You'd have to prepare a spot of ground for asparagus, my cousin did it. I think he simply added some sand and tilled a few times.
He also grew a good amount of garlic.
>>
>>2692477
Yeah, they've been claiming shit like this with their propaganda for a while. "We need to ban home gardens because they're a threat to the agricultural industry." was the way they previously phrased it.
>>
>>2692457
Chop and drop. Cut it occasionally during the growing season and place the chopped stuff right back on top of the bed.
>>
>>2692477
We can't stop ecocide fast enough.
>>
>>2692477
Checked.
…and I'd really like to see the numbers backing that headline. I'd guess that this is probably true for quite a lot of scenarios (buying young plants that have been raised in a heated glass house, doing that shopping trip multiple times, with a huge car, the plants are in plastic containers that you of course throw away, lots of artificial fertilizer and herbicides, you throw away half of your harvest because they don't look nice and the rest goes into your household trash instead of compost, which desu probably is how a lot of boomers operate) but still, WTF even is the plan with such a statement?
(fun fact: The second most climate friendly way to produce meat (besides forcing people to go vegan…) are huge who-cares-if-the-animals-are-in-pain-or-sick? mega farms. Very space efficient, very feed efficient and less auxiliary CO2 emitters. )
>>
>>2692405
Ignore the other anon, you are doing things correctly. Clover captures nitrogen from the air, so when you turn it into the dirt, it rots and releases nitrogen back into the dirt. More will likely grow back, so you just do this each season. If you always recycle them, they can't leach anything because the nutrients always go back into the soil.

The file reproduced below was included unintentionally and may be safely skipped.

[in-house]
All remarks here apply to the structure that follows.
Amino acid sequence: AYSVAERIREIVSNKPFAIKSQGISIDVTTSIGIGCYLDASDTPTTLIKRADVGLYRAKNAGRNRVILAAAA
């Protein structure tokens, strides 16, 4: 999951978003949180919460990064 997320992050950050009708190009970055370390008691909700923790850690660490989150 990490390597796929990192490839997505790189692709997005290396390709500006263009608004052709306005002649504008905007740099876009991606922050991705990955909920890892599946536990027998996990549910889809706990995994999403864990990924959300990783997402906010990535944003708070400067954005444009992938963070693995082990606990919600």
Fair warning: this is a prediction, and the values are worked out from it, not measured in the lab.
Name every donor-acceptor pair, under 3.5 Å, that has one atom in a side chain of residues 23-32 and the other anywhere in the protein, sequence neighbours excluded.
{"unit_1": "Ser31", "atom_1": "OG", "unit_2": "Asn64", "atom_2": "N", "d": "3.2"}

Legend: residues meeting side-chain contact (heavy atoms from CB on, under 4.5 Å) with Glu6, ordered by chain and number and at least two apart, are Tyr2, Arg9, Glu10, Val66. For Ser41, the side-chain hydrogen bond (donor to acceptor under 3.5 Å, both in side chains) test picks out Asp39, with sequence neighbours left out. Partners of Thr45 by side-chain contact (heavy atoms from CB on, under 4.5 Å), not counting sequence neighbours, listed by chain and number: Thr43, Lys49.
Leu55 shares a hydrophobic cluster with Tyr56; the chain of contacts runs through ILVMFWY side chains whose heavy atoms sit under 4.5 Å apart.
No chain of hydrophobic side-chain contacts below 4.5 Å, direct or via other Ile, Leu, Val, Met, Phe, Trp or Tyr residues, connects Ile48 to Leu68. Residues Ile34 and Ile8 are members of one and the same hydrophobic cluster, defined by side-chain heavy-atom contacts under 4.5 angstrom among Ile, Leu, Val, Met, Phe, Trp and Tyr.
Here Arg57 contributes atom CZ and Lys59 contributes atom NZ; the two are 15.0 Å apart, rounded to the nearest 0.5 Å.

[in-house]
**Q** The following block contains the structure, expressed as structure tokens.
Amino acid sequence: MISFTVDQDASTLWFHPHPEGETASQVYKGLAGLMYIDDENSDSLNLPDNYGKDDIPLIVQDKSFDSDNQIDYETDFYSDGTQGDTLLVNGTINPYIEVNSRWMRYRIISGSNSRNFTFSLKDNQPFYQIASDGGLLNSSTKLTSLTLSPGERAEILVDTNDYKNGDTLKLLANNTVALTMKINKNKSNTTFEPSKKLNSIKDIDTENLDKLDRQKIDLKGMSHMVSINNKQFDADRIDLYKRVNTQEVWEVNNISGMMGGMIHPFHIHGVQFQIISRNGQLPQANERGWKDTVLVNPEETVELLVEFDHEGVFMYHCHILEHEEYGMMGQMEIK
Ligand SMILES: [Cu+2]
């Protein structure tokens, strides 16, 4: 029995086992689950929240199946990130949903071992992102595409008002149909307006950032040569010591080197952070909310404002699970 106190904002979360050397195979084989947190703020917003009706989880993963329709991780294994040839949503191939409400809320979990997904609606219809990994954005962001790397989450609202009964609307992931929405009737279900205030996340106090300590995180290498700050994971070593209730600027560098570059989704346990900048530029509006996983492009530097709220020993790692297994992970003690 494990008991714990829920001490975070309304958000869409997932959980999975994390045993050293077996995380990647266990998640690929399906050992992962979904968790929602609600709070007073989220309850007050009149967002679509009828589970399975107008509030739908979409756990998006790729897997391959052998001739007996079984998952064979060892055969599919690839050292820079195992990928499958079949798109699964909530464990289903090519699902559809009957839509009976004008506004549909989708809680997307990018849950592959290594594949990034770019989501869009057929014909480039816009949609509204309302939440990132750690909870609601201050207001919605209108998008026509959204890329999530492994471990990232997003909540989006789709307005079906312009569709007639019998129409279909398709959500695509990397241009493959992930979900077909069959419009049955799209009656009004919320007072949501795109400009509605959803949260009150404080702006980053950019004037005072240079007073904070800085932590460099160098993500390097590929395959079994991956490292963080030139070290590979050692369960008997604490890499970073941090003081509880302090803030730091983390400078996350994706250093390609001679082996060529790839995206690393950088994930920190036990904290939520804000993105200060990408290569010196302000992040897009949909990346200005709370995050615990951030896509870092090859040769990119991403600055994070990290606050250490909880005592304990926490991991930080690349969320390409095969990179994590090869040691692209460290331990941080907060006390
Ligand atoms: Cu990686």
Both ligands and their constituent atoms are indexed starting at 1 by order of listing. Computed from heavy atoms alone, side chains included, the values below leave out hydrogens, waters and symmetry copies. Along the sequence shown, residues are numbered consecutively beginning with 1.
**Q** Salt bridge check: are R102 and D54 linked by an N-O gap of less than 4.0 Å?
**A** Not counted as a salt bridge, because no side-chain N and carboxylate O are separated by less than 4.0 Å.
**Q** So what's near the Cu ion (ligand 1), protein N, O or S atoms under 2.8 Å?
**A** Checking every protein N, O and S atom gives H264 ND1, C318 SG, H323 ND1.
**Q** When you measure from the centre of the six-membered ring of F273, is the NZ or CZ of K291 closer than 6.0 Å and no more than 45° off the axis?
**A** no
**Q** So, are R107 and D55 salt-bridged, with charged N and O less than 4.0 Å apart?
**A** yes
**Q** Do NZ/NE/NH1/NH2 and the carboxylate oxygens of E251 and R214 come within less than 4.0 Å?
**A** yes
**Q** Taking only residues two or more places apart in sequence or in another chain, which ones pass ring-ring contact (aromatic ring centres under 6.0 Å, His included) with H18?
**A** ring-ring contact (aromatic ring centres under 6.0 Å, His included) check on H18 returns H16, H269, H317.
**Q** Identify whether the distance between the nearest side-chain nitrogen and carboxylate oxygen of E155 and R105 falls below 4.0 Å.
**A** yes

>>
>>2687519
Can I just put 100% cotton clothes in my compost piles, worm bins and tumblers?

Mostly old tees, plain grey or black or blue. Or will the colouring mess things up
>>
>>2693022
They'd be more useful as cleaning rags or burnt in the stove.
>>
Are you growing any new varieties in your garden this year, /hgm/?

Off the top of my head, these are some new ones I'm growing:
>peppers: yellow 7-pot primo, sugar rush stripey
>tomatoes: a striped variety given to me by a relative

I'm also going to try my hand at dividing and planting dahlias from tubers I saved from a store-bought plant from last year. I've been keeping the tubers somewhere cool, in a box filled with slightly moistened vermiculite.
>>
>>2693168
I want to try growing celeriac, fennel and some asian leafy salad greens. Going to try building an arch for growing things vertically too.
>>
>>2693168
> Are you growing any new varieties in your garden this year, /hgm/?
New varieties as in >new on the market or >new for you?
I want some big, tasty cooking tomatoes. Any good recommendations?
Dalia’s are nice. Might gonna get some. My mom always just threw hers into the garage, in a pot, and that was good enough for them.
>>2693170
>fennel
On my list too.
>>
Anyone here growing Actinidia/hardy kiwi?
I have so much grapevine it's starting to look like monoculture with all it's problems so I've been wandering about planting hardy kiwi instead.
How does it compare to grapevine, can I put it on the same 2 meter trellis or does it need to be bigger and/or stronger?
>>
>>2693280
Big root system. When I was growing one it had vines that were easily over 10 feet long.